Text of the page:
Want to hear a secret? Used bookstores actually want you to clean off your bookshelf.
(Okay, I guess it’s not a secret anymore.)
And no, I don’t mean that used bookstores want you to keep your bookshelves neat and tidy – we actually want you to go through, prune out the ones that are less important to you, and get rid of them. But why would a bookseller tell you to have less books?! Shouldn’t we be encouraging you to read?
Absolutely. Reading is good for you. Reading is good for your community. Reading is good for your children. And for obvious reasons, reading is good for your local bookstore. But because we’re a used bookstore, we have a slightly different approach than Barnes & Noble. A new bookstore will encourage you to buy books – any books – and keep on buying them. They don’t care if you buy 100 copies of Pride and Prejudice this month, because they’re just going to keep on ordering them.
The difference is, to keep our books affordable, we sell them used. We don’t get them from a catalog, we get them from readers. We get them from you. So while we would love to sell you a copy of Pride and Prejudice, we need another copy to fill its place. We’re halfway between a new bookstore and a library – you can keep the copy till you die if you like, but if you return it, we can sell it to someone new. If you didn’t happen to like Pride and Prejudice, we want to get that book into the hands of someone who loves it.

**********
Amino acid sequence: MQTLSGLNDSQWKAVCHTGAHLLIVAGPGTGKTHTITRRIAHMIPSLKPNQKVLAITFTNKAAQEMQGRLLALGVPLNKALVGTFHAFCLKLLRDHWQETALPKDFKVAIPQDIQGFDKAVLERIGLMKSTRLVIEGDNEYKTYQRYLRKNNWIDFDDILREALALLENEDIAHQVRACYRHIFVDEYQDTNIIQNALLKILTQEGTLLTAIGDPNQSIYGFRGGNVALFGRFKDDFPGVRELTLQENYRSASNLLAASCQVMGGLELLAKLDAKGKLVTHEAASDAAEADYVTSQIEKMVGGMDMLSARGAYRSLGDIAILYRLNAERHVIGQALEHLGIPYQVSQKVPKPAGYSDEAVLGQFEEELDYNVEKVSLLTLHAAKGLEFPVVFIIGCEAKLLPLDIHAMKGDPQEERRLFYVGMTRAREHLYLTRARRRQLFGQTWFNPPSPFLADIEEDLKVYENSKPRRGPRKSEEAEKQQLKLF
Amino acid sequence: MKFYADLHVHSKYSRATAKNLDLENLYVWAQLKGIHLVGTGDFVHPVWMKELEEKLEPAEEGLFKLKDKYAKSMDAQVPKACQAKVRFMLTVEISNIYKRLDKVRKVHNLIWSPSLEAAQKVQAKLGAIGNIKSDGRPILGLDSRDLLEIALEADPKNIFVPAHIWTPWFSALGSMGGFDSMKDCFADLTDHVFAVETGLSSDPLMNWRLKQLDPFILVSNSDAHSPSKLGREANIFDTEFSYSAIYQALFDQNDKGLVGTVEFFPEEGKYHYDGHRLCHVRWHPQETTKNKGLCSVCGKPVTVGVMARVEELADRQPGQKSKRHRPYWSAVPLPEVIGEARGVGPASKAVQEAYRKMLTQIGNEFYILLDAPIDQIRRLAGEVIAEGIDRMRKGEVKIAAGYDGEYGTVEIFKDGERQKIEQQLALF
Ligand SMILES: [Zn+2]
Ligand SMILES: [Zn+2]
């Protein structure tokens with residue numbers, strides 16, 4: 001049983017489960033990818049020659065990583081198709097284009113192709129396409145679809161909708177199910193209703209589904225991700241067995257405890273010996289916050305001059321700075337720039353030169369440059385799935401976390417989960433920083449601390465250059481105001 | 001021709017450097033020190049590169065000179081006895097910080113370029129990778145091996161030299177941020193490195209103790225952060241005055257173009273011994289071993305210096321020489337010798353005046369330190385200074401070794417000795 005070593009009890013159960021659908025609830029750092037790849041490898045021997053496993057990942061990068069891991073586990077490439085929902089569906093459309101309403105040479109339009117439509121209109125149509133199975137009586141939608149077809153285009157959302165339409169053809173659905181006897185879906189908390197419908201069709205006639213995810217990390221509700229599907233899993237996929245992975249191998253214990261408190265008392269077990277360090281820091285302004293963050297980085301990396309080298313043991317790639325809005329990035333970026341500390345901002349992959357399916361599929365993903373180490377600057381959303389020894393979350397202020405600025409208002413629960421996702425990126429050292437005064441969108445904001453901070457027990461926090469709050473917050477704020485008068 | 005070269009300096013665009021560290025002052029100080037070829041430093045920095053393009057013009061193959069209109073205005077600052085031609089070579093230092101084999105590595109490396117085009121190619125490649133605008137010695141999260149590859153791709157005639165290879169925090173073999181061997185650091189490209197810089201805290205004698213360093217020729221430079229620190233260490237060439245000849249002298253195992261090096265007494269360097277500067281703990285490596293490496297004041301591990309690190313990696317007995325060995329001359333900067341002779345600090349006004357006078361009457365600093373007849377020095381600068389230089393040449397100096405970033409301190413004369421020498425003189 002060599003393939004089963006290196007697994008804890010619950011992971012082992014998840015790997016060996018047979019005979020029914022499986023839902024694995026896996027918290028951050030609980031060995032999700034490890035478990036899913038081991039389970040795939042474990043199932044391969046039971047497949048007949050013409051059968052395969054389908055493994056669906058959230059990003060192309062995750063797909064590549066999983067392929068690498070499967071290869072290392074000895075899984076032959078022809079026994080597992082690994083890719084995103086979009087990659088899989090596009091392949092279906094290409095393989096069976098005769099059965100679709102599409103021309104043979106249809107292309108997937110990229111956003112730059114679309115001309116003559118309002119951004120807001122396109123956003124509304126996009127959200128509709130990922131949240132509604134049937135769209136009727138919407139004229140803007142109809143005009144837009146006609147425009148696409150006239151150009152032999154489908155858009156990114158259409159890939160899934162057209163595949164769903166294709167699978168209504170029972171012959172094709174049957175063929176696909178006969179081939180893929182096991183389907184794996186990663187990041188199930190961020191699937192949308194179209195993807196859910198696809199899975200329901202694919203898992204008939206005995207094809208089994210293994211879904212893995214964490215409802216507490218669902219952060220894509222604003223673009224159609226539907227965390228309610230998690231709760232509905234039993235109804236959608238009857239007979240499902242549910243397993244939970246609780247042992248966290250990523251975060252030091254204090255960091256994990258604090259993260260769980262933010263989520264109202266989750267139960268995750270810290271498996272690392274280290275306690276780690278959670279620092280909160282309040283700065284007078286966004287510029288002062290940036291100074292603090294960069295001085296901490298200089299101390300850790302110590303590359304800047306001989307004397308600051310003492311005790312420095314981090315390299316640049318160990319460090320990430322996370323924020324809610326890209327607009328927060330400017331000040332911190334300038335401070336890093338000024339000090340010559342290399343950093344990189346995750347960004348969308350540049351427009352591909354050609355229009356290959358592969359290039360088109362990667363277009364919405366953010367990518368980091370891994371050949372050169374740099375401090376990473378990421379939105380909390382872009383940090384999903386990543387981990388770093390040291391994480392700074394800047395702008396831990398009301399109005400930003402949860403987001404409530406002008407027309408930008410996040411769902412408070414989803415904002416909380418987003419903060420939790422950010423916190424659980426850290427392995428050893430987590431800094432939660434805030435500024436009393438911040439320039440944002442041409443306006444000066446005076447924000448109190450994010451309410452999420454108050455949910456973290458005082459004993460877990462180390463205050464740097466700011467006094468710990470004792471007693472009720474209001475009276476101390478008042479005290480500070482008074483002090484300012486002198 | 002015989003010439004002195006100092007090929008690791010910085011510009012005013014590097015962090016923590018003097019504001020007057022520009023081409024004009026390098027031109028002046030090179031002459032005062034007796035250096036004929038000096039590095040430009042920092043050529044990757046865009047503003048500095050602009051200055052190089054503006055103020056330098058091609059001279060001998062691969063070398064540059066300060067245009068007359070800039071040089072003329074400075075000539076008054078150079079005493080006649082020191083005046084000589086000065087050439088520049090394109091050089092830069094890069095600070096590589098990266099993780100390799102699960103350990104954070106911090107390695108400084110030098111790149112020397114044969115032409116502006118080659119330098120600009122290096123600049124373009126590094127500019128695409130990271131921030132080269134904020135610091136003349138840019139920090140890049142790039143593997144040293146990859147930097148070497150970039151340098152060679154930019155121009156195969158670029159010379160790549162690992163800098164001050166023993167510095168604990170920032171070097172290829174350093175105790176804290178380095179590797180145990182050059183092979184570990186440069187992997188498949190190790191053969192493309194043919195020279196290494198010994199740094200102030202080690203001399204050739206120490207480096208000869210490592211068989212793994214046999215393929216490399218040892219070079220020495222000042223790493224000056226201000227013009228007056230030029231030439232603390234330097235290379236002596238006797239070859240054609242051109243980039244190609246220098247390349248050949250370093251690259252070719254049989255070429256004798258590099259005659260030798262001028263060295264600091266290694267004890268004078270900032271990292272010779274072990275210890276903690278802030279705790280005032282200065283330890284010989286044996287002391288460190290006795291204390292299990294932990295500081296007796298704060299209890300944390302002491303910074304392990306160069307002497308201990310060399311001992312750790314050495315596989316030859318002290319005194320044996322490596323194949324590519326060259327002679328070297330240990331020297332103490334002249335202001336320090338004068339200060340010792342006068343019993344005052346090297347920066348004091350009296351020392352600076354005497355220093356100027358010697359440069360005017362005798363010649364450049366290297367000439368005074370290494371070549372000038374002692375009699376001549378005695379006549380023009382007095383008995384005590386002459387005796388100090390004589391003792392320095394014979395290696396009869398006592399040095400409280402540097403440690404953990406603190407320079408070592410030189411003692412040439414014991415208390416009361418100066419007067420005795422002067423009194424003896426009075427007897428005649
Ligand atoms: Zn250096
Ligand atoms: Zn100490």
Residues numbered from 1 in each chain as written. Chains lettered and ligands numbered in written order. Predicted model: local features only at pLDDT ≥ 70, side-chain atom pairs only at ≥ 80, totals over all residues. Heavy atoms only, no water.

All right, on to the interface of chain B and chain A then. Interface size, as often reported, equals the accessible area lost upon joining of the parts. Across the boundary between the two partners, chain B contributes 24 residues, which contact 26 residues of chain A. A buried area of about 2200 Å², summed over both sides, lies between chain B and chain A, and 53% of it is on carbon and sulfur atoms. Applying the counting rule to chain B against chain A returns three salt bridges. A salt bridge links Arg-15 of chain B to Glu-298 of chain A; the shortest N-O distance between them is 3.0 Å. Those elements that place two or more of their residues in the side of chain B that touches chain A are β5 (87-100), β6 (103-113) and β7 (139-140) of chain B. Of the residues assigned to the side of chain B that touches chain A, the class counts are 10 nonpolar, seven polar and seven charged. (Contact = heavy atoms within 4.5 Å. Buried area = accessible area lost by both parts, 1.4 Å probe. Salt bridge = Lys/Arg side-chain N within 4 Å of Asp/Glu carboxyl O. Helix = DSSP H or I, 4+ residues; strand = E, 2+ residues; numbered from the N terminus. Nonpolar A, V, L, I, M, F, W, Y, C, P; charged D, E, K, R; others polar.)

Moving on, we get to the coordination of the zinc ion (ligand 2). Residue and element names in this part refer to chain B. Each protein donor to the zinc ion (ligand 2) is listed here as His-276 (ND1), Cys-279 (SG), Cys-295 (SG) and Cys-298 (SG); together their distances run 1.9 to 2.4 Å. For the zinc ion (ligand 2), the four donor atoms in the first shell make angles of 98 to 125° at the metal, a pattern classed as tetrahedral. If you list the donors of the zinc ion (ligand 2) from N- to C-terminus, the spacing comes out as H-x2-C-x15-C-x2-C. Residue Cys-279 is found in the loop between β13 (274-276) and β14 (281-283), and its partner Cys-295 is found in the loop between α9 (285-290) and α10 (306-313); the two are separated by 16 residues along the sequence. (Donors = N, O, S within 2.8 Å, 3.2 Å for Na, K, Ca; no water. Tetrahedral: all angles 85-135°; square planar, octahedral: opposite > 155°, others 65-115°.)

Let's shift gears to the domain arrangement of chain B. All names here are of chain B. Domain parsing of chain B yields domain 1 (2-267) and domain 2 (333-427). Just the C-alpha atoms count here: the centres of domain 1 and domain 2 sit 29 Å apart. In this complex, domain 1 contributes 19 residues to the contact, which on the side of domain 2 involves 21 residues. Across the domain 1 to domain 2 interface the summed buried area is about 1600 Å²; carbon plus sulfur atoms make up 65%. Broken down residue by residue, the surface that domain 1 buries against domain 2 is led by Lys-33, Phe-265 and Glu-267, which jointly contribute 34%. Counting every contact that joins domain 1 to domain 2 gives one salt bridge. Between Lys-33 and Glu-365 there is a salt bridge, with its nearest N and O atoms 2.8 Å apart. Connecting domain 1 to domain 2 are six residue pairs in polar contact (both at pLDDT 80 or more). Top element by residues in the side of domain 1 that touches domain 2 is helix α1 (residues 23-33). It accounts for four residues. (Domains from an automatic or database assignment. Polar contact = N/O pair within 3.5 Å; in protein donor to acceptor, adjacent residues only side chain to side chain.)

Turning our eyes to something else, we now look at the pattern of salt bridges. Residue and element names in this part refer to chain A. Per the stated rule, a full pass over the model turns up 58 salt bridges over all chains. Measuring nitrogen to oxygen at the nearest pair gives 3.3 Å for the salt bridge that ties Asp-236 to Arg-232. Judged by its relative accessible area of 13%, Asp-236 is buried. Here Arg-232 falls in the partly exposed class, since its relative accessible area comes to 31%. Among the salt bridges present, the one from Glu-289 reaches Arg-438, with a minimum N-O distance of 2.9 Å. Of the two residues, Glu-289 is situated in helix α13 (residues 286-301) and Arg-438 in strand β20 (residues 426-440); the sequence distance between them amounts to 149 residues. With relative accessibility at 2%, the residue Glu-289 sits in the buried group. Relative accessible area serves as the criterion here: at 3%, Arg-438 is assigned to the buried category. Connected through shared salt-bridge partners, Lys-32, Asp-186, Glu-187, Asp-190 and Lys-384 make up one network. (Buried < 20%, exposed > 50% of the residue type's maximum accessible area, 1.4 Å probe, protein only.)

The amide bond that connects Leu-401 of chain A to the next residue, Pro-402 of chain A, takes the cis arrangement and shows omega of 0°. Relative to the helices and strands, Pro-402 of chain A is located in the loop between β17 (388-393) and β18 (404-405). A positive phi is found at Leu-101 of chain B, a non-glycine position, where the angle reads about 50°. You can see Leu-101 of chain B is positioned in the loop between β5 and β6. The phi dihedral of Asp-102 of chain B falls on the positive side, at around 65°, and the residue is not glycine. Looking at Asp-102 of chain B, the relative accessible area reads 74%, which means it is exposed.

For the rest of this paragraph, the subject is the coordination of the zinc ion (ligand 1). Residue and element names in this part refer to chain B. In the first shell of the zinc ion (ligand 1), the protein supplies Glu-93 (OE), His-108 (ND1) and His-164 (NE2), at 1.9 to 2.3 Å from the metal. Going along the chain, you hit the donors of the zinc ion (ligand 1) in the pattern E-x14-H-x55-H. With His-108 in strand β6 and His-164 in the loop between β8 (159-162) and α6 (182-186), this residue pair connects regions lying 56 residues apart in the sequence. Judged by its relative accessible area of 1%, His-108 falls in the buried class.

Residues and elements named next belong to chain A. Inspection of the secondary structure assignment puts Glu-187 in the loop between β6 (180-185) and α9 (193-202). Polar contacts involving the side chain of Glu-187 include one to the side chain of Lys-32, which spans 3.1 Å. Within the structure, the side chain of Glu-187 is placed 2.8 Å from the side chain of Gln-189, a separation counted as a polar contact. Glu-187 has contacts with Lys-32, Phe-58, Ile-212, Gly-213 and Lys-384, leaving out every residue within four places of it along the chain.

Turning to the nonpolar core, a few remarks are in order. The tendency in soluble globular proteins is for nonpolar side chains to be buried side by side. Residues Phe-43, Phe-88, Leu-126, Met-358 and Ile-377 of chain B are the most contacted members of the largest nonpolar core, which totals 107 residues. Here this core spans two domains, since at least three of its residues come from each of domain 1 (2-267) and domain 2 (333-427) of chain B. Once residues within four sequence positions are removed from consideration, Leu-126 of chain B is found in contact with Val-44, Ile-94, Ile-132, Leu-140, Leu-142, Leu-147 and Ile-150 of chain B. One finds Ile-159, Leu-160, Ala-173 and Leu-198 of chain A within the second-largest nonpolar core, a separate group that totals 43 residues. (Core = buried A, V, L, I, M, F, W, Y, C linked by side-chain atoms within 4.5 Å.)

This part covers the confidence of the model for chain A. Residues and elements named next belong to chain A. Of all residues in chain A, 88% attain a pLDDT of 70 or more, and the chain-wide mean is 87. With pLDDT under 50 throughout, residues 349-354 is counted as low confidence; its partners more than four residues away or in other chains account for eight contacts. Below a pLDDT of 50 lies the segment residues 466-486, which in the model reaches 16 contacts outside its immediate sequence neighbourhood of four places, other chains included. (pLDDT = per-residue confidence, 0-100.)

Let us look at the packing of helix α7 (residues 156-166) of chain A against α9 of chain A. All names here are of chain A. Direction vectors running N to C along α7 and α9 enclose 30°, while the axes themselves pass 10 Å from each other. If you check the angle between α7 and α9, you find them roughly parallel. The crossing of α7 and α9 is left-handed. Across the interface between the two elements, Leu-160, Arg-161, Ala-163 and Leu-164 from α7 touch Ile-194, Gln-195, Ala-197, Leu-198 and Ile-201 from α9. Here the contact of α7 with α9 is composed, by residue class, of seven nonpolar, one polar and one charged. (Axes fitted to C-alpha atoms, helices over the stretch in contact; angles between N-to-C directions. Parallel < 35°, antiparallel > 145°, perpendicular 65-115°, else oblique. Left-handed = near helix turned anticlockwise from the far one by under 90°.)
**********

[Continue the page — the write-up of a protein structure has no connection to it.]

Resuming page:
With that in mind, there are a few good ways to prune your bookshelves. You always can do a New Years overhaul, an ambitious way to clean out your books. Go through and rate your books – anything below three stars needs a new home. Or you can use my husband’s favorite question: If I live to be 100, will I read this book again? If the answer is no, it’s just taking up space.
Now, if the book is decorative, that’s fine. But do keep in mind, there are plenty of beautiful books out there that you do like. You can always upgrade a few of your old paperbacks and end up with a gorgeous copy of a book you love.
Another good way to prune your shelves is to keep only one bookshelf. When you’ve run out of room, don’t cram them all in on top of each other – go through and find your least favorite, then bring those books in to us. The advantage of keeping a small selection of books is that after a few years, you end up with only the “best and brightest” in your home. Nobody will ever find a bad book on your shelves.
My favorite system is to go through about once a month and just ask myself, “Would I recommend this book?” If I would, I’ll probably loan it out, so it’s worth keeping. If not, why do I still have it, anyway? I’m probably not going to reread it.
Now, if you’re attached to your books, maybe one bookshelf sounds insane. (I personally have… quite a few more than that.) But when you find yourself trying to make space for a new arrival, maybe it’s time to let one fly the coop. You’re not throwing it away – you’re sending it to a loving home.